- The Newcastle-Ottawa Scale (NOS) for assessing the quality if nonrandomized studies in meta-analyses. Available from: http://www.ohri.ca/programs/clinical_epidemiology/oxford.htm. Accessed 14 Jan 2015.
- Little J, Higgins JP, Ioannidis JP, Moher D, Gagnon F, von Elm E, Khoury MJ, Cohen B, Davey-Smith G, Grimshaw J, et al. Strengthening the reporting of genetic association studies (STREGA): an extension of the STROBE statement. Eur J Epidemiol. 2009;24(1):37–55.View ArticlePubMedPubMed CentralGoogle Scholar
- von Elm E, Altman DG, Egger M, Pocock SJ, Gotzsche PC, Vandenbroucke JP. The Strengthening the Reporting of Observational Studies in Epidemiology (STROBE) statement: guidelines for reporting observational studies. Int J Surg. 2014;12(12):1495–9.View ArticleGoogle Scholar
- Hozo SP, Djulbegovic B, Hozo I. Estimating the mean and variance from the median, range, and the size of a sample. BMC Med Res Methodol. 2005;5:13.View ArticlePubMedPubMed CentralGoogle Scholar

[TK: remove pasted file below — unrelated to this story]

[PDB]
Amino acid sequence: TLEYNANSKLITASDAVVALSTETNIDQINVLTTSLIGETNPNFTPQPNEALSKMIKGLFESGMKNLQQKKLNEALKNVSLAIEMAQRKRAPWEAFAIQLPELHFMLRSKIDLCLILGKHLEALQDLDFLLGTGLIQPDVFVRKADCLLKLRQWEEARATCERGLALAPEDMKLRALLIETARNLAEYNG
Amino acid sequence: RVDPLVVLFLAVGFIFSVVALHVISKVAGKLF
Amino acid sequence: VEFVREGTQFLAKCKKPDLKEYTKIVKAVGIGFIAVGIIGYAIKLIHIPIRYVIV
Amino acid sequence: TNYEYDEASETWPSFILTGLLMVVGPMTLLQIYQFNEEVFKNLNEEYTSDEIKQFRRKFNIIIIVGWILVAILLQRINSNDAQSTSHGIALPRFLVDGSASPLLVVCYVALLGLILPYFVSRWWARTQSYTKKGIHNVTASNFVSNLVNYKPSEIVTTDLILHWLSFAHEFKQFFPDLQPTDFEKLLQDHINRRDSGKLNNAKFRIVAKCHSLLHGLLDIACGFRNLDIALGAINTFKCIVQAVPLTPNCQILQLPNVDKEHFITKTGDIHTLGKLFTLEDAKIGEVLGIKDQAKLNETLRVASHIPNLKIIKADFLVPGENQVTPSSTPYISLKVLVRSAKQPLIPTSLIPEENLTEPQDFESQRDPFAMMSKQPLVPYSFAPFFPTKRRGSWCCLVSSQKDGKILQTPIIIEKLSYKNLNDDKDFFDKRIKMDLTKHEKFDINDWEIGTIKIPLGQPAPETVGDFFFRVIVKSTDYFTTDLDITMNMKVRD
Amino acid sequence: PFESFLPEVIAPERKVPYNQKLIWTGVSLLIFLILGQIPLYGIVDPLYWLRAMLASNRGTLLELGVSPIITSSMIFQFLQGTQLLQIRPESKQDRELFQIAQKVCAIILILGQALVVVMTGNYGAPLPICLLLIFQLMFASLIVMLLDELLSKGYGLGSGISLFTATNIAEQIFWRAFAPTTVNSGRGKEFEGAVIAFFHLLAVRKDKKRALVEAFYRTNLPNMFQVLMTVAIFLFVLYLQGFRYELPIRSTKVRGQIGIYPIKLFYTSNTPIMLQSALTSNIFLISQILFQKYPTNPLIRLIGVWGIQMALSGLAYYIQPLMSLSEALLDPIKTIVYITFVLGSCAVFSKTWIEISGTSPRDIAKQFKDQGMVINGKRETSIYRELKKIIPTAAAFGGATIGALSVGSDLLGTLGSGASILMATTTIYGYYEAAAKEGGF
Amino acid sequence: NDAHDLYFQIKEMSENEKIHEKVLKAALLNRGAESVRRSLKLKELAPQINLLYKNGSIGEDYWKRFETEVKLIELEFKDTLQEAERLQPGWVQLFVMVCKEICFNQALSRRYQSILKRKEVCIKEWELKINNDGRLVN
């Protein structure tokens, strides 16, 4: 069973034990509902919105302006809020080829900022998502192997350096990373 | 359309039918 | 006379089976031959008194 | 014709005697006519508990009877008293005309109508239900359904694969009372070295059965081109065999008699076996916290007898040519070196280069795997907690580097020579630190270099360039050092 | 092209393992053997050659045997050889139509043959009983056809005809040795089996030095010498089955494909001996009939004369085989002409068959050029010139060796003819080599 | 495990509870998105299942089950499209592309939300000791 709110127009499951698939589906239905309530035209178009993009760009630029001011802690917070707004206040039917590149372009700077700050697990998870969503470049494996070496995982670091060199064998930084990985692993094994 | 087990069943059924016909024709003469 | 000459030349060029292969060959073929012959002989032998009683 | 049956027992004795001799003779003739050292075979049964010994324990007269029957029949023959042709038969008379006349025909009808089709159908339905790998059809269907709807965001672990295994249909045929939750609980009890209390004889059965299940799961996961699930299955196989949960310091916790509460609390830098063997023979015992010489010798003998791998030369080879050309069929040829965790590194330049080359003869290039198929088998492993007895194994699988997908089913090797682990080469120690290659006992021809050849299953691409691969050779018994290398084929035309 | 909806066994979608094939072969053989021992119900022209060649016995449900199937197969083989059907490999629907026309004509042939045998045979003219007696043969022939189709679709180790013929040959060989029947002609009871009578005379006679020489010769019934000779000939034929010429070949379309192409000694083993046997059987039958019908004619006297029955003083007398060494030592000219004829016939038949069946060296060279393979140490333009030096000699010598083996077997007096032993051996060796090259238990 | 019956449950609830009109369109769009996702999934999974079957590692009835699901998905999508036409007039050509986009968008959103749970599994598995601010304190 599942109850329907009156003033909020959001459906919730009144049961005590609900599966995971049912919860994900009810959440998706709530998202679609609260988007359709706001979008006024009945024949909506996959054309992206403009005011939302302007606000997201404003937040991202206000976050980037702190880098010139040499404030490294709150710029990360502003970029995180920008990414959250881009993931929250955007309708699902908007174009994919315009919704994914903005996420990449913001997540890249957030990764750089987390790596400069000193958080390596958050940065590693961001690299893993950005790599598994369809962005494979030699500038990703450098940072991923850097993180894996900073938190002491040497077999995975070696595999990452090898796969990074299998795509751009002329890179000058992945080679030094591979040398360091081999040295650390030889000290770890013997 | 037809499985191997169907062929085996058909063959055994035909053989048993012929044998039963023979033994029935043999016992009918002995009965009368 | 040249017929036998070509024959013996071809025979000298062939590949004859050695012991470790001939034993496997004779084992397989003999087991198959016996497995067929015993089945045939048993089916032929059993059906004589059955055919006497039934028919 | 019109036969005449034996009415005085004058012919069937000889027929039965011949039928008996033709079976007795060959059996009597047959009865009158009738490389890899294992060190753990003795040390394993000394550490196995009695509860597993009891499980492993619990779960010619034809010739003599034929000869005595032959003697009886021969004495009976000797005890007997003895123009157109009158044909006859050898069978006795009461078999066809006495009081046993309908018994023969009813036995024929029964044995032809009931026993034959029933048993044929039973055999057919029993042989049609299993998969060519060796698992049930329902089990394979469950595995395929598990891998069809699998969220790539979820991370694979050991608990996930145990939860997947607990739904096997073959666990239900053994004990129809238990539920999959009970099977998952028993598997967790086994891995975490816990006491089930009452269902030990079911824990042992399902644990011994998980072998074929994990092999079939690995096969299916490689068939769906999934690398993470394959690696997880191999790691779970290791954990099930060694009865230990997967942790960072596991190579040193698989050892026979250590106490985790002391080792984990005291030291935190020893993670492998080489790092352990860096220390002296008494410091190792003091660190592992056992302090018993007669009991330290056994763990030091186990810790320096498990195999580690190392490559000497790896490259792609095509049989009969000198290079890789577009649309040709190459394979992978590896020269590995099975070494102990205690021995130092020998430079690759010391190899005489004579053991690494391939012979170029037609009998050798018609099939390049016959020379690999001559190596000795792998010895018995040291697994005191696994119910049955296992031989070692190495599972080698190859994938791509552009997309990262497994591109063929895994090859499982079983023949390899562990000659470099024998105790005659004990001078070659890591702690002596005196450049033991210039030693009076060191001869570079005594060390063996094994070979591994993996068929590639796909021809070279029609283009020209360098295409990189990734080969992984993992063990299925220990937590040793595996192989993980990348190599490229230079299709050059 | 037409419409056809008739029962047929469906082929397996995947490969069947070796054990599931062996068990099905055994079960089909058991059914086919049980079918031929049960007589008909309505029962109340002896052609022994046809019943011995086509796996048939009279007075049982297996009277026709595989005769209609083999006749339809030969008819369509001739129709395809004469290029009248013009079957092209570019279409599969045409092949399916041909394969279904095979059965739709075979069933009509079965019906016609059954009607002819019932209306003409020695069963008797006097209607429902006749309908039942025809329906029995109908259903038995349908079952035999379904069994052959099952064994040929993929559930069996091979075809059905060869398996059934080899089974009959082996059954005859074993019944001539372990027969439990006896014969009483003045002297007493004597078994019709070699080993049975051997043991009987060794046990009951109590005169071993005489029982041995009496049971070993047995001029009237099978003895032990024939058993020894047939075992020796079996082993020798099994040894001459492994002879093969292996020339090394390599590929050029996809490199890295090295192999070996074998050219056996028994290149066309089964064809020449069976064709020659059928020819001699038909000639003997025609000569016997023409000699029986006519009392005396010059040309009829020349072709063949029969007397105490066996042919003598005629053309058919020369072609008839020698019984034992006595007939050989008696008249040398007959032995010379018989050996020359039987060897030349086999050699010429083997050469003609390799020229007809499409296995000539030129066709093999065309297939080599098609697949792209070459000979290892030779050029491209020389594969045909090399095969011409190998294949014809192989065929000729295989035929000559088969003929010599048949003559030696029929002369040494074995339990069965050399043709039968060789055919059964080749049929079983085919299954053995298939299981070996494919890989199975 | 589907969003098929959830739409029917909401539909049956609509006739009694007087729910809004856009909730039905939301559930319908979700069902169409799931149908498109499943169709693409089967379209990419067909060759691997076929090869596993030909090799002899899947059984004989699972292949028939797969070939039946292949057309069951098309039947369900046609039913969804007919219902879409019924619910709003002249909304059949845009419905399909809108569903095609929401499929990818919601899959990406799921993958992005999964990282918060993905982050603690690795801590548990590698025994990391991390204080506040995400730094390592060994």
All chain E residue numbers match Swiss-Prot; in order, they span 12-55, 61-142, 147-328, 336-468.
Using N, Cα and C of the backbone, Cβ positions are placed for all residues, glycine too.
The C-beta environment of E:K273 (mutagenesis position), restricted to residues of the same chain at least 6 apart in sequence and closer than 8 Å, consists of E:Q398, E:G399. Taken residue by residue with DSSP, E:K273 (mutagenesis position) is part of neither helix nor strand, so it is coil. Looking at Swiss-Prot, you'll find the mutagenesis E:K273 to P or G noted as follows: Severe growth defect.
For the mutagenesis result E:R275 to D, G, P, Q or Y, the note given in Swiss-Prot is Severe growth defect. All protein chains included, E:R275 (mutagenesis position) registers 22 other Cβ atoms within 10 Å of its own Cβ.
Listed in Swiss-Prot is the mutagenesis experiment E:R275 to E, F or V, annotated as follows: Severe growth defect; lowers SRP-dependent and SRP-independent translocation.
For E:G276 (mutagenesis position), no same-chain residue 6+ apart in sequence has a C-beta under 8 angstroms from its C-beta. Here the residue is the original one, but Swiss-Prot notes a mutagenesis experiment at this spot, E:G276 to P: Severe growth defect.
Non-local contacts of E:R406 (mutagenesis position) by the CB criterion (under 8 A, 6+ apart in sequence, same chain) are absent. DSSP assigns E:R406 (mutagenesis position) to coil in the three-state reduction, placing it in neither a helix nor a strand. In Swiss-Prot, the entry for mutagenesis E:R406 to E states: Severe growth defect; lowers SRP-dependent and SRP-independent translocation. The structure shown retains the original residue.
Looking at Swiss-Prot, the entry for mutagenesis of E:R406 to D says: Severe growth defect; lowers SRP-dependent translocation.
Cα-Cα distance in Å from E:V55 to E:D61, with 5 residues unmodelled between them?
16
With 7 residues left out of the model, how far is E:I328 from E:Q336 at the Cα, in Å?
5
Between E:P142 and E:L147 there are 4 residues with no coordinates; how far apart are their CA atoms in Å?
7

- DerSimonian R, Laird N. Meta-analysis in clinical trials. Control Clin Trials. 1986;7(3):177–88.View ArticlePubMedGoogle Scholar
- Kanda Y. Investigation of the freely available easy-to-use software ‘EZR’ for medical statistics. Bone Marrow Transplant. 2013;48(3):452–8.View ArticlePubMedGoogle Scholar
- Guyatt GH, Oxman AD, Montori V, Vist G, Kunz R, Brozek J, Alonso-Coello P, Djulbegovic B, Atkins D, Falck-Ytter Y, et al. GRADE guidelines: 5. Rating the quality of evidence—publication bias. J Clin Epidemiol. 2011;64(12):1277–82.View ArticlePubMedGoogle Scholar
- Zhang J, Tian L, Zhang Y, Shen J. The influence of VKORC1 gene polymorphism on warfarin maintenance dosage in pediatric patients: a systematic review and meta-analysis. Thromb Res. 2015;136(5):955–61.View ArticlePubMedGoogle Scholar